Setting the SUID/SGID bits: Giving a program YOUR permissions when it runs

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Author: VirtualEntity <lafeyette_management [at] comast [dot] net>
Last edited 02/03/2007

How and why would I set a SUID/SGID bit on a file? What is such a bit?

Normally, when a program runs under Linux, it inherits the permissions of the user who is running it, thus if I run a program under my account, the program runs with the same permissions that I would have if that program were me. Thus, if I cannot open a certain file, the program I am running also cannot open the file in question.

If I set the SUID or SGID bit for a file, this causes any persons or processes that run the file to have access to system resources as though they are the owner of the file.

To do this, we can use letters, e.g.:

chmod u+s freddy

This changes the situation so that if user X runs freddy, fredy will execute with MY permissions, rather than his or her own. (Whose permissions the program gets "stuck" with is dependant upon who runs the chmod command.)

You can see the effect of this change like so:

ls -l freddy

-rwSrwxr-x 1 mike mike 0 Dec 5 11:24 freddy
[mike@berlin mike]$

The other way to run this is to chmod the group instead of the user permissions octet, e.g.

chmod g+s freddy

This confers the permissions of my group (g group, not additional "G" groups) to the file, so that when it runs, it runs as someone in my group, rather than as the user who executes it.

The effect of this looks like so:

ls -l freddy

-rwSrwSr-x 1 mike mike 0 Dec 5 11:24 freddy
[mike@berlin mike]$

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From: at: 2007-03-02 14:17:49

Another solution to give permissions to a user is to use sudo. The file is easyly configurable via a sudoers configuration file.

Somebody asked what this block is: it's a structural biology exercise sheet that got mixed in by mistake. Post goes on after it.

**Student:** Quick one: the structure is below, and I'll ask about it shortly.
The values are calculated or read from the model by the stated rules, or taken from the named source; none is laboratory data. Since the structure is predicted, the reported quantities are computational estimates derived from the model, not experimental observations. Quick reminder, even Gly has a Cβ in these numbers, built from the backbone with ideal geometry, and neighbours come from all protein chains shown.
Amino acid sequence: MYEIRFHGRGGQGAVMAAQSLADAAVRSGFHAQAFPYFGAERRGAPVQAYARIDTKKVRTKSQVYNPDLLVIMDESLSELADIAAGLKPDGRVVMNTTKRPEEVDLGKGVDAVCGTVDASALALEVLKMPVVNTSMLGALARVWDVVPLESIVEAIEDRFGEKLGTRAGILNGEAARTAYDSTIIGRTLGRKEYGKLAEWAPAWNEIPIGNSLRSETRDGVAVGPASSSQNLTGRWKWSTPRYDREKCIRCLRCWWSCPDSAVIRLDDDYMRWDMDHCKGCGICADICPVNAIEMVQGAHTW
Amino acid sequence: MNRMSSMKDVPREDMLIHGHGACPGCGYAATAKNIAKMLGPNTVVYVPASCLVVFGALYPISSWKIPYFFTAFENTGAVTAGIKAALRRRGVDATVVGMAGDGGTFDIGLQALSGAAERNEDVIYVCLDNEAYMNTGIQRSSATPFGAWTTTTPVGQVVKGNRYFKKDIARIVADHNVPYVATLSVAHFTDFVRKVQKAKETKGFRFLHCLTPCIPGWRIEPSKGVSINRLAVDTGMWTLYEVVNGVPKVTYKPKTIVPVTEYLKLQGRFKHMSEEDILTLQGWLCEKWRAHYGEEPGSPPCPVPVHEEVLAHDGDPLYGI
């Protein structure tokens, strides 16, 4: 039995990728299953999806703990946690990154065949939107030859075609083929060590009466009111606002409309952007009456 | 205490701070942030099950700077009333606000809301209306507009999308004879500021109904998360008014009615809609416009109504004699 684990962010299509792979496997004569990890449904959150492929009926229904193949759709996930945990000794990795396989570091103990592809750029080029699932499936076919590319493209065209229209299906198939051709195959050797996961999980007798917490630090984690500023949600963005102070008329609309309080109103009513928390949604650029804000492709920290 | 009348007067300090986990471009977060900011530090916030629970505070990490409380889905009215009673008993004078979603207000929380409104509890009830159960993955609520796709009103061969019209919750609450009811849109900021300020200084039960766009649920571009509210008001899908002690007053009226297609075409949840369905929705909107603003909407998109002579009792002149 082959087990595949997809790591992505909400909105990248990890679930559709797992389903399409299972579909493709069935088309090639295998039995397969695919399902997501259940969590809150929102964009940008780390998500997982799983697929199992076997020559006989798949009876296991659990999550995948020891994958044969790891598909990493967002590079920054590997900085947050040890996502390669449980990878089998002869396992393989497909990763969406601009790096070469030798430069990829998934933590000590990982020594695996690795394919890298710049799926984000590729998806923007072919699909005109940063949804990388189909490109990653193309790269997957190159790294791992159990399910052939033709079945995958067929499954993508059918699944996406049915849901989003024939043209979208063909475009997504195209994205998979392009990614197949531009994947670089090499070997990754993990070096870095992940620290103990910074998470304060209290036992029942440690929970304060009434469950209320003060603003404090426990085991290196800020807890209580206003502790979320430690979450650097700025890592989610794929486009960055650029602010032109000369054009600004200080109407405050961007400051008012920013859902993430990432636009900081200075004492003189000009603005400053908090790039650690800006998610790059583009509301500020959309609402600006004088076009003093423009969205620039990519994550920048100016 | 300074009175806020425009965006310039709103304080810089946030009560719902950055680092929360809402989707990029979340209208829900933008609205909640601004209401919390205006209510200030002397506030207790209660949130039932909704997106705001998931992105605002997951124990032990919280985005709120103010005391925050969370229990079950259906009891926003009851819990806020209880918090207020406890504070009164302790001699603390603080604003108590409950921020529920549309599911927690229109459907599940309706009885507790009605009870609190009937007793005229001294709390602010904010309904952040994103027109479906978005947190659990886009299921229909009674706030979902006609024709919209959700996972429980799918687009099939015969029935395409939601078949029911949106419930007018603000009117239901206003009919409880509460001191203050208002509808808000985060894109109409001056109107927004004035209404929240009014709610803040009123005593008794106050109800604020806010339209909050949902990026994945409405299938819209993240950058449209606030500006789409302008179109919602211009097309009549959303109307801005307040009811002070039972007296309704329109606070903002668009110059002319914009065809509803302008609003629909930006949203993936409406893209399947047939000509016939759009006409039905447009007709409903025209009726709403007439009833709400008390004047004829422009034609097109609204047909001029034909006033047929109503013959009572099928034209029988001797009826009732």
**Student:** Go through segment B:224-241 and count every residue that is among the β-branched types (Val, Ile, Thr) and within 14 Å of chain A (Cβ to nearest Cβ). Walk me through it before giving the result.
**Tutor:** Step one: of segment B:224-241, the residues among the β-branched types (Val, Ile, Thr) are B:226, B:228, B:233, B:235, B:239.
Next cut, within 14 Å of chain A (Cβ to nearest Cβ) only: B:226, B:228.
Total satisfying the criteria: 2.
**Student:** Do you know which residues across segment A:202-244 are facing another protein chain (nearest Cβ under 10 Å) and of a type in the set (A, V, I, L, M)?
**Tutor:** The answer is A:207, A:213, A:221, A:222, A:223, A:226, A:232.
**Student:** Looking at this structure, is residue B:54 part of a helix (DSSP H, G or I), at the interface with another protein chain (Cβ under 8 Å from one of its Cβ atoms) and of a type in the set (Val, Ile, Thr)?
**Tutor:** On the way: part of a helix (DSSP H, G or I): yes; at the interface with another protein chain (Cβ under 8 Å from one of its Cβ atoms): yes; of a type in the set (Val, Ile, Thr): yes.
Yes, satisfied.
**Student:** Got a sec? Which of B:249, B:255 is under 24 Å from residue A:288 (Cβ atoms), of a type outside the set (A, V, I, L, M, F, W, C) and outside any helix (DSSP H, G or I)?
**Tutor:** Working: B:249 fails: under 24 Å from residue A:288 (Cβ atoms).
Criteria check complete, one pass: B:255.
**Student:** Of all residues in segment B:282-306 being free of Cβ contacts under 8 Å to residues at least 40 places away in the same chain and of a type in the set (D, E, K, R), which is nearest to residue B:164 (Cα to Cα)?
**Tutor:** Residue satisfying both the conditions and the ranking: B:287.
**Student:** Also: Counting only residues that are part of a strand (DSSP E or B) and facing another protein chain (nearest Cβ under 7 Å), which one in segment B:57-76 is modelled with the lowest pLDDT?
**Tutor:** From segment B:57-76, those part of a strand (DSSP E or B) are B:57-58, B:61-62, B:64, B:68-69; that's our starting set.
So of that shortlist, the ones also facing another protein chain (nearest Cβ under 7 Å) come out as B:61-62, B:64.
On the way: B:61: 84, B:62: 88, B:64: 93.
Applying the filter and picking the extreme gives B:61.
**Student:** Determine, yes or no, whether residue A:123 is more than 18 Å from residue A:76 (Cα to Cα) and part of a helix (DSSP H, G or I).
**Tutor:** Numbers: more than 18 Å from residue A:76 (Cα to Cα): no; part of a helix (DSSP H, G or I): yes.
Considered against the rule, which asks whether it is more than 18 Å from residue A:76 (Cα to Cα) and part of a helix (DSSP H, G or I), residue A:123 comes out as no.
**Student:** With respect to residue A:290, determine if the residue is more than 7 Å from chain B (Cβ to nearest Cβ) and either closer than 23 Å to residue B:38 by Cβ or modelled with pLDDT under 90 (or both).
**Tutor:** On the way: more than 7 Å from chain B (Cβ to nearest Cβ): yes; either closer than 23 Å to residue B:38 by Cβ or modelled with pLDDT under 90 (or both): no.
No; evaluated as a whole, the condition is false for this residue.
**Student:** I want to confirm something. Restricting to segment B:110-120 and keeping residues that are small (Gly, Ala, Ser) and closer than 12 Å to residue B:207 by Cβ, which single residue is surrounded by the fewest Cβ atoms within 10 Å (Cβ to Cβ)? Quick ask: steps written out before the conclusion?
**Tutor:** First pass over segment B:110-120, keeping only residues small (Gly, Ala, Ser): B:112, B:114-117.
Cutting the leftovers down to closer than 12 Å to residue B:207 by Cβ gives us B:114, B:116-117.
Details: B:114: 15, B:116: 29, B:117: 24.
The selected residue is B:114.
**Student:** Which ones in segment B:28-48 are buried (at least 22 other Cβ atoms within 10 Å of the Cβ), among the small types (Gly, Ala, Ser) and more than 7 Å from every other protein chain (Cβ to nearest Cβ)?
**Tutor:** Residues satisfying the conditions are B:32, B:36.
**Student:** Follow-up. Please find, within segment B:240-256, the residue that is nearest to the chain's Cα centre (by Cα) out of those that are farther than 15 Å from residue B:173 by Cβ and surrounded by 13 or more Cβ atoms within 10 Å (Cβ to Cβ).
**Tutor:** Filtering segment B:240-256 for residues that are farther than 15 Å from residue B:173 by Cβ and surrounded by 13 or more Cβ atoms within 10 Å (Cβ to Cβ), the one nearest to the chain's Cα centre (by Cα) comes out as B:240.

Here is a tuto:


http://www.developertutorials.com/tutorials/linux/using-sudo-050511/page1.html


 


Nicolargo


--== blog.Nicolargo.com ==-- 

From: at: 2007-03-04 06:10:53

Setting the SUID/SGID bit for a program to the 'root' user should actually be discouraged. If the program is badly written and can be manipulated via (malicious) input, it could allow a normal user to gain root privileges or access to files which that user should not be able to access.
When setting the sticky bit to a normal userid, it could allow other users access to all the other user's files, which may not really be what you want.
So please think about the security implications before randomly using this feature.


If you are facing a permissions dilemma for multiple users/groups, please consider looking into MAC (Mandatory Access Control).

From: at: 2008-01-04 05:27:08

After setting SUID


-rwSrwxr-x 1 mike mike 0 Dec 5 11:24 freddy


if you see 'S' then it means that the file has no executable permissions for that user.


consider that if the file has executable permissions already and you are setting SUID


chmod u+s freddy


-rwsrwxr-x 1 mike mike 0 Dec 5 11:24 freddy


you should see a smaller 's' in the executable permission position.


 


 

From: at: 2010-12-21 18:46:56

Check bellow link for explanation with example


http://bashscript.blogspot.com/2010/03/unixlinux-advanced-file-permissions.html


 

From: Anonymous at: 2014-07-18 20:58:54

this really helped me understand. Apprciate it.